These are the results of my testing in MAME debugger:
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EntryPoint: ; First thing that runs after powering on move.b ($00a11100),d5 ; Get BUSREQ state andi.l #1,d5 ; D5 = 1, MAME memory disassembly says Z80_HAS_BUS flag = 1 (true) move.b ($00a11200),d4 ; Get RESET state, but this doesn't work, it always returns 0 ; move.w ($00a11200),d4 ; Same thing, it always returns 0 ; move.l ($00a11200),d4 ; Again, always 0 andi.l #1,d4 ; D4 = 0 no matter what, but memory disassembly says Z80_IS_RESET flag = 1 (true) ;-----This part doesn't work. No matter how long I wait, Bit #0 of BUSREQ never becomes 0, and Z80_HAS_BUS flag never becomes 0 (false)-----; ; move.w #$0100,($00a11100) ; Write 0100h to the BUSREQ port to REQUEST CONTROL of the Z80 bus ;.LocalLoop1: ; btst #0,($00a11100) ; Check Bit #0 of the byte at the BUSREQ port ; bne .LocalLoop1 ; Loop until Bit #0 of the byte at BUSREQ = 0, then we control the bus ;----------This part works fine.-----------; move.w #$0100,($00a11200) ; Write 0100h to the RESET port to STOP HOLDING the Z80 in a reset state ; Memory disassembly now says Z80_IS_RESET flag = 0 (false) move.w #$0100,($00a11100) ; Write 0100h to the BUSREQ port to REQUEST CONTROL of the Z80 bus ; Memory disassembly now says Z80_HAS_BUS flag = 0 (false) .LocalLoop: btst #0,($00a11100) ; Check Bit #0 of the byte at the BUSREQ port bne .LocalLoop ; Loop until Bit #0 of the byte at BUSREQ = 0, then we control the bus ; Access Z80 memory here... move.w #0,($00a11100) ; Write 0000h to the BUSREQ port to RELEASE CONTROL of the Z80 bus ; Memory disassembly says Z80_HAS_BUS flag = 1 (true)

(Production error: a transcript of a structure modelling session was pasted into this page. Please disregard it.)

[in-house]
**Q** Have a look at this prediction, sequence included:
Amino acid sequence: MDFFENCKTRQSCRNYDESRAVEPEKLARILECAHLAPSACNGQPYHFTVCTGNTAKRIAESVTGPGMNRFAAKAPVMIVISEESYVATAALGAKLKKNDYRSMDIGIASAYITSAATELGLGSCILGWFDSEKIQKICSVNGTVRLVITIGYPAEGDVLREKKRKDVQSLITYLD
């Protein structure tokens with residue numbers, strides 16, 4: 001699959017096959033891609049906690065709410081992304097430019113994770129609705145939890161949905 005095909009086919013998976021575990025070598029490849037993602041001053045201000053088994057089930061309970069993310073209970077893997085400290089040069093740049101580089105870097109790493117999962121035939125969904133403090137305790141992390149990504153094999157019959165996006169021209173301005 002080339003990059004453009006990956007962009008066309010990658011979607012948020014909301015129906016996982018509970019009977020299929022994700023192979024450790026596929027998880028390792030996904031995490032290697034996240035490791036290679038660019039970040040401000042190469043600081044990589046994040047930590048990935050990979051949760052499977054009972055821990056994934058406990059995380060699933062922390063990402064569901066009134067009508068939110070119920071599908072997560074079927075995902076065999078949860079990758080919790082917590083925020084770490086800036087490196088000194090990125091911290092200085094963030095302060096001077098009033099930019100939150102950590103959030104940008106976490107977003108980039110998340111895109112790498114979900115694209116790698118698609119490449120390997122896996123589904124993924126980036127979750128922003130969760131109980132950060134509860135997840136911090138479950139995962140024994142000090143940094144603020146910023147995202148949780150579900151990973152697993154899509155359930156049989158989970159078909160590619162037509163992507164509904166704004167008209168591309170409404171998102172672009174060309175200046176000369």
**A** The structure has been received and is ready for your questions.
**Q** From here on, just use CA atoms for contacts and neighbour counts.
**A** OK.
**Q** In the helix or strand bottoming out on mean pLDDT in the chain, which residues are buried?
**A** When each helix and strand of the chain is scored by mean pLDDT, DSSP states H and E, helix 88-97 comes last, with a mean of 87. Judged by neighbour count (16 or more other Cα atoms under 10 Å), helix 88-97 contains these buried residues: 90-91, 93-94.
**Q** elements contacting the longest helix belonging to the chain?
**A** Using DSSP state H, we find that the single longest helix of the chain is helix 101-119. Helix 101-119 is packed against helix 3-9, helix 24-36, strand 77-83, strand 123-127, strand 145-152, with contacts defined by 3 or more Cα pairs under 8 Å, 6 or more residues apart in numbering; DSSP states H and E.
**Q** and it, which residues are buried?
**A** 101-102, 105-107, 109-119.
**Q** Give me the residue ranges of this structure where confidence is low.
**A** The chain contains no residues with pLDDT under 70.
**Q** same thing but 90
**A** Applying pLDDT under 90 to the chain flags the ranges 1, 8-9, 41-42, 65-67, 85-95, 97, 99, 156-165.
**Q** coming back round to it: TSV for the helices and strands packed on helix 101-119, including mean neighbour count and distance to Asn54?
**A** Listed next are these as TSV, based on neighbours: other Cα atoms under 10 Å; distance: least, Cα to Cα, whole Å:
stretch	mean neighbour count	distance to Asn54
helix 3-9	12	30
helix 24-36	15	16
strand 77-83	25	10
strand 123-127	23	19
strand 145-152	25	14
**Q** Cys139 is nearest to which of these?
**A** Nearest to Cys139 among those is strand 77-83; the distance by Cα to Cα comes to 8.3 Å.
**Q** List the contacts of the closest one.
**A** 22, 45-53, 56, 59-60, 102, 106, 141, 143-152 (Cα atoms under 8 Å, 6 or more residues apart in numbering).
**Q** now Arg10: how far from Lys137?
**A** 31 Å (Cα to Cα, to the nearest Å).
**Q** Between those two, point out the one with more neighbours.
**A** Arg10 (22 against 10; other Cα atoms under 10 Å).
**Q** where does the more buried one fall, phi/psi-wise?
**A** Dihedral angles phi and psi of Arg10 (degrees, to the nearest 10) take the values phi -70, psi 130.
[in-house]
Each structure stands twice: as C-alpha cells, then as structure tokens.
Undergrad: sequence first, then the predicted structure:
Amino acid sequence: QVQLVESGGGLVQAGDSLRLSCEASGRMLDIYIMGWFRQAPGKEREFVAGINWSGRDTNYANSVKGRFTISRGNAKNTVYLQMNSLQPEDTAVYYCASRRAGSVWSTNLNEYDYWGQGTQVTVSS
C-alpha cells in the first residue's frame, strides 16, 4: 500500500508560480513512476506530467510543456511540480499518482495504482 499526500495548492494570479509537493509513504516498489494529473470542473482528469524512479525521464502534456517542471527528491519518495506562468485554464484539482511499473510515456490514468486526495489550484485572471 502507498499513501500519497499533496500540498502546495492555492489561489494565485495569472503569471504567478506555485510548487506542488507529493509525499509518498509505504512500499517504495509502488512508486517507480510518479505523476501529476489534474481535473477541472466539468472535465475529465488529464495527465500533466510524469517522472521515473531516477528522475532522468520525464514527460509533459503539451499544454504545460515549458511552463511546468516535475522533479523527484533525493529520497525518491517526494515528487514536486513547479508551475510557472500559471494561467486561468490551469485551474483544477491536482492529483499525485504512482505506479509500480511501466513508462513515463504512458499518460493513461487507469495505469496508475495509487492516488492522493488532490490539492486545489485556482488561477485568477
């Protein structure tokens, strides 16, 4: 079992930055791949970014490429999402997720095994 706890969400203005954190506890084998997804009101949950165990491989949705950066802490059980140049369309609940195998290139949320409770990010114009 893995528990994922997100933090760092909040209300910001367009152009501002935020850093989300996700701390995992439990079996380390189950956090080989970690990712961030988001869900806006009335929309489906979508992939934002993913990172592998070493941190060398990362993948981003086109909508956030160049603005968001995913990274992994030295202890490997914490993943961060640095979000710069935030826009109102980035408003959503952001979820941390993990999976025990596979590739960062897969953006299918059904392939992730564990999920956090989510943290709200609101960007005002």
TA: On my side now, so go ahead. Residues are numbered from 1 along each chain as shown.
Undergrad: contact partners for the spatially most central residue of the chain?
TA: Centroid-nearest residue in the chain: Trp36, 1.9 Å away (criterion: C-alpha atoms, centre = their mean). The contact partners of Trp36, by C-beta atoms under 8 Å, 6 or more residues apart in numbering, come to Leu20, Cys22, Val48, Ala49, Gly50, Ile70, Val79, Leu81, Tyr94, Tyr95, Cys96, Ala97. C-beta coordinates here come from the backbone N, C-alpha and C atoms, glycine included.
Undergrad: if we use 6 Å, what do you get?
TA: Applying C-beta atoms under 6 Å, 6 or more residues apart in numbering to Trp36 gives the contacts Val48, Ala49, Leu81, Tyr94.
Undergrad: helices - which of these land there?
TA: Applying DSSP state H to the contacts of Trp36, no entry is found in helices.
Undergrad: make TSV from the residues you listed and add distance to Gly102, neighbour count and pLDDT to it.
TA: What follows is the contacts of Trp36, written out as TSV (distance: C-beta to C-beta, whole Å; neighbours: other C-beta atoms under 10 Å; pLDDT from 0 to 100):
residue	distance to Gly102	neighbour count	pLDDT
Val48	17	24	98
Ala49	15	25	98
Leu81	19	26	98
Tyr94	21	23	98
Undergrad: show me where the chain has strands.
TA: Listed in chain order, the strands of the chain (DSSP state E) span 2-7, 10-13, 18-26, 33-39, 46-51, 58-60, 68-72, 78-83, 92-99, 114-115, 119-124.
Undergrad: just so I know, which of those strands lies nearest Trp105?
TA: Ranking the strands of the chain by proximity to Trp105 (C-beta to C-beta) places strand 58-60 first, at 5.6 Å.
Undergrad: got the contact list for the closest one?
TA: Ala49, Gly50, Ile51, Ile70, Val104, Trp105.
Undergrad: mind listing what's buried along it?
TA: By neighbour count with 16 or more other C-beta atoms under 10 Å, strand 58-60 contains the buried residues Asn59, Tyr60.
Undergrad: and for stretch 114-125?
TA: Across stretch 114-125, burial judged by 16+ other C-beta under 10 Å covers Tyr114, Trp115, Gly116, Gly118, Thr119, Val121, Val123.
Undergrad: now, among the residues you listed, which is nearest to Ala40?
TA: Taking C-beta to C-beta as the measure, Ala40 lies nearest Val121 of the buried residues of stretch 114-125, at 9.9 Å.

- The Z80 manual says that the BUSREQ and RESET pins are both "active low." From what I've read, that seems to mean a low voltage signal (a "0" from a software standpoint) turns them ON, and a high signal (a "1" in software) turns them OFF. If that is correct, then it matches the way the RESET port works (0000h = RESET Z80 ON; 0100h = STOP RESETTING Z80), but it's the reverse of how the BUSREQ port works (0100h = REQUEST BUS; 0000h = LET GO OF BUS). Is the BUSREQ pin wired to the 68k backward or something?
- Do I need to check to make sure the Z80 regains control of the bus after I release control of it? If so, what should I do if the Z80 doesn't regain control? Write another release command to the port, or maybe reset the Z80?
- Is it necessary to write a word to these ports, or can I write bytes instead:
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move.b #1,($00a11100) ; Request bus move.b #0,($00a11200) ; Request reset
- The Z80 manual mentioned something about how lengthy DMA operations with BUSREQ active can prevent DRAM from being refreshed properly. Do I need to worry about that when using BUSREQ? (The Genesis Technical Overview mentions this DRAM refresh business, but it's talking about hardware dev kits or something like that.)
- Is there any reason besides accessing Z80 memory from the 68k that I would use BUSREQ?
- When/why would I need to reset the Z80 in the main body of my code? Every time the 68k writes to its memory?
- Can you read from the RESET port on real hardware? Or the BUSREQ port, for that matter (with a MOVE instruction, that is)?
Also, if you'd like to make suggestions about different debugging or dev tools I should try out, go right ahead. I'm happy with the ones I'm using so far, but I like hearing different opinions.